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Old 03-19-03, 08:39 AM
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My original list was just a starter, there are tons of
others (Frejus, Bianchi, Hobbs, Gios, Colnago, etc.).
I agree with Froze about components and lets add
Simplex while we're at it, Huret anyone?
My experience is that builders like Sachs and
Rivendell have a good supply of NOS friction shifting
gear, and well, the new ergo/sti isn't all that bad.
(see Sachs' headtube lug with headson ).

Marty
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Old 03-20-03, 12:48 PM
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The expression "Classic" seems to associated most with what people are interested in collecting and paying or receiving significant sums of money for. I like lugged frames and own five road bikes all but one of which are older than 20 years. I ride all of them switching back and forth depending on each bikes state of health. I have bought other old bikes strictly for their components.

Only two of my road bikes have cr/mo frames so they really don't have value to any one but me. Are they classics? The oldest is a 35 year old Peugeot UO-8 with high carbon frame tubes. So is this a classic? Im riding this bike using Simplex Delrin derailers and shift levers and continues to be one of my two favorite rides.

One of the frames I stripped was a 1976 Schwinn Superior. It has fillet brazed cr/mo frame tubes. I have tried to find a collector interested in buying it but with no luck. This frame was hand fillet brazed (a nearly lost art) in Schwinn's Chicago factory more than a quarter of a century ago but I'll probably wind up giving it away free to a good home because it's too tall for me (60cm). So is this a classic?
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Old 03-20-03, 01:16 PM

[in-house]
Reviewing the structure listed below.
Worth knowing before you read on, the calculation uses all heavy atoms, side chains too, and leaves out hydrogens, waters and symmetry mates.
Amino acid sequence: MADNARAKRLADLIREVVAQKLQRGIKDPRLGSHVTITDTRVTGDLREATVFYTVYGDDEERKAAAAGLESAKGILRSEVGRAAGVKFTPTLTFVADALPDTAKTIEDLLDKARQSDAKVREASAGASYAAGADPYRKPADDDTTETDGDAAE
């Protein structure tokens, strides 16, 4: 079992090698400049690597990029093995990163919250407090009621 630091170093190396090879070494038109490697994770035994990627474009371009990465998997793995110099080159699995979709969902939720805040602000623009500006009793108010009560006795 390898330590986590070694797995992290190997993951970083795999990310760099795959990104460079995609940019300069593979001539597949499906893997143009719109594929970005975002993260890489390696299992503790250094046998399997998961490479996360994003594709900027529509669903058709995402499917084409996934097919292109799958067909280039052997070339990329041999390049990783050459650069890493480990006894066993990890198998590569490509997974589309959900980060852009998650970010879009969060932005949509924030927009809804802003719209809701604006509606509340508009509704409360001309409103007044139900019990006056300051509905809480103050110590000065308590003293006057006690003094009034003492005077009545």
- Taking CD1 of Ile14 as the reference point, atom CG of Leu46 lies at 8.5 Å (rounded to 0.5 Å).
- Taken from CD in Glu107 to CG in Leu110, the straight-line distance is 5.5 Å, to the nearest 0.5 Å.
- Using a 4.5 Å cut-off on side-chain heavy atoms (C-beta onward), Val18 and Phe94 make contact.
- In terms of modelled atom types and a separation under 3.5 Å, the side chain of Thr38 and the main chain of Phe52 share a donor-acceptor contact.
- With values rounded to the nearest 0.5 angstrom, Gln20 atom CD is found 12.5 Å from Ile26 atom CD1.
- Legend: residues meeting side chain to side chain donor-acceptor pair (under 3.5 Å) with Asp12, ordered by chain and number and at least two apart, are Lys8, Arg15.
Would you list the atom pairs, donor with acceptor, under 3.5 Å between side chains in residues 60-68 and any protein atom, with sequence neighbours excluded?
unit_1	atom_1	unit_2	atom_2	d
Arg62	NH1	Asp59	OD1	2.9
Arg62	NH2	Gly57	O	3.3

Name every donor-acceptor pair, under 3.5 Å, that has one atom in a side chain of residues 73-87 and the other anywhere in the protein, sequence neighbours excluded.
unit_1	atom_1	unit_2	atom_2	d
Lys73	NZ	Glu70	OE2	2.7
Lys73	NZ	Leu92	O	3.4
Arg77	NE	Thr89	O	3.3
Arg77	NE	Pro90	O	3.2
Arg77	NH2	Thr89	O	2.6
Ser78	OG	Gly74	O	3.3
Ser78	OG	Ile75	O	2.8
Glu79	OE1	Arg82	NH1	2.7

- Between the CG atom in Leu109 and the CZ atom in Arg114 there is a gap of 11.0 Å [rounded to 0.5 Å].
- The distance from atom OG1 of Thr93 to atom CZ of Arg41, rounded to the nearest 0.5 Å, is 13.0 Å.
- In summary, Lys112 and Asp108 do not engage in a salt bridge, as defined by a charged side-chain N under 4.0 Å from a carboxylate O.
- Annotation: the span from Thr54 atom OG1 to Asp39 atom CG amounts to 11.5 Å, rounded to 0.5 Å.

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by my definition yes.
I'm speaking of classic as opposed to "collectable".
The U08 is a classic french frame.
The Schwinn sounds very interesting, but way
large for me. You might want to get onto the Classic
Rendezvous list and see if you get any buzz about it.
I think you'd be surprized about what CR considers
classic, one poster just restored an early schwinn
varsity, not what you'd call high end or collectable, and
there was considerable buzz about this one. Lots of
older frames get bantered about, and sold/traded that
in reality have little or no monetary value. Its not about
the money. Sure you can go get a Colnago Arabesque for
about $3000, or a Confente (starting about $7k ), but a
recovered from the trash Trek, or schwinn or whatever
still is classic (like one guys restored Free spirit).
So yeah, I'd say classic has little or nothing to do with
cost/materials etc.
Marty
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Old 03-21-03, 01:28 AM
  #11  
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Lotek is right about this. I have a small collection of old mens watches, not worth much if I were to try to sell them, but I like them because their unique with a style not found in todays watches and they don't ever need batteries. So I collect them not for an investment, because it's a bad investment, but for fun. I also have a small coin collection that I started when I was a very young child and finished when I was a older teenager. Again not worth a whole lot more than the face value but it was fun at the time and now represents old times gone by so I keep it for that reason not for making money trying to sell it. These things are more like heirlooms you hand down to your children (hopefully they will take an interest).

The UO8 bike is a classic, but most people will not want an old bike with a possible worn out frame, but to a person who collects old French bikes, this bike could be worth a lot to them. I ride a older bike not because it's a older bike but because it runs very well with never a problem and looks classy, so why get rid of it or replace it with a newer bike? Does this mean that I will never buy a newer bike...no, but it does mean I am not in a rush to do so thus I can make a better more informed decision when I do buy another one.
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Old 03-21-03, 02:52 PM
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This is a classic, I don't think it cost $100 when
it was new (someone have an old catalogue?)
anyhow here is a picture of the 1960 Schwinn
Varsity I mentioned above.

Marty
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Old 03-21-03, 04:58 PM
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I think that's the slackest headtube angle I have ever seen in my life
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Old 03-23-03, 03:07 PM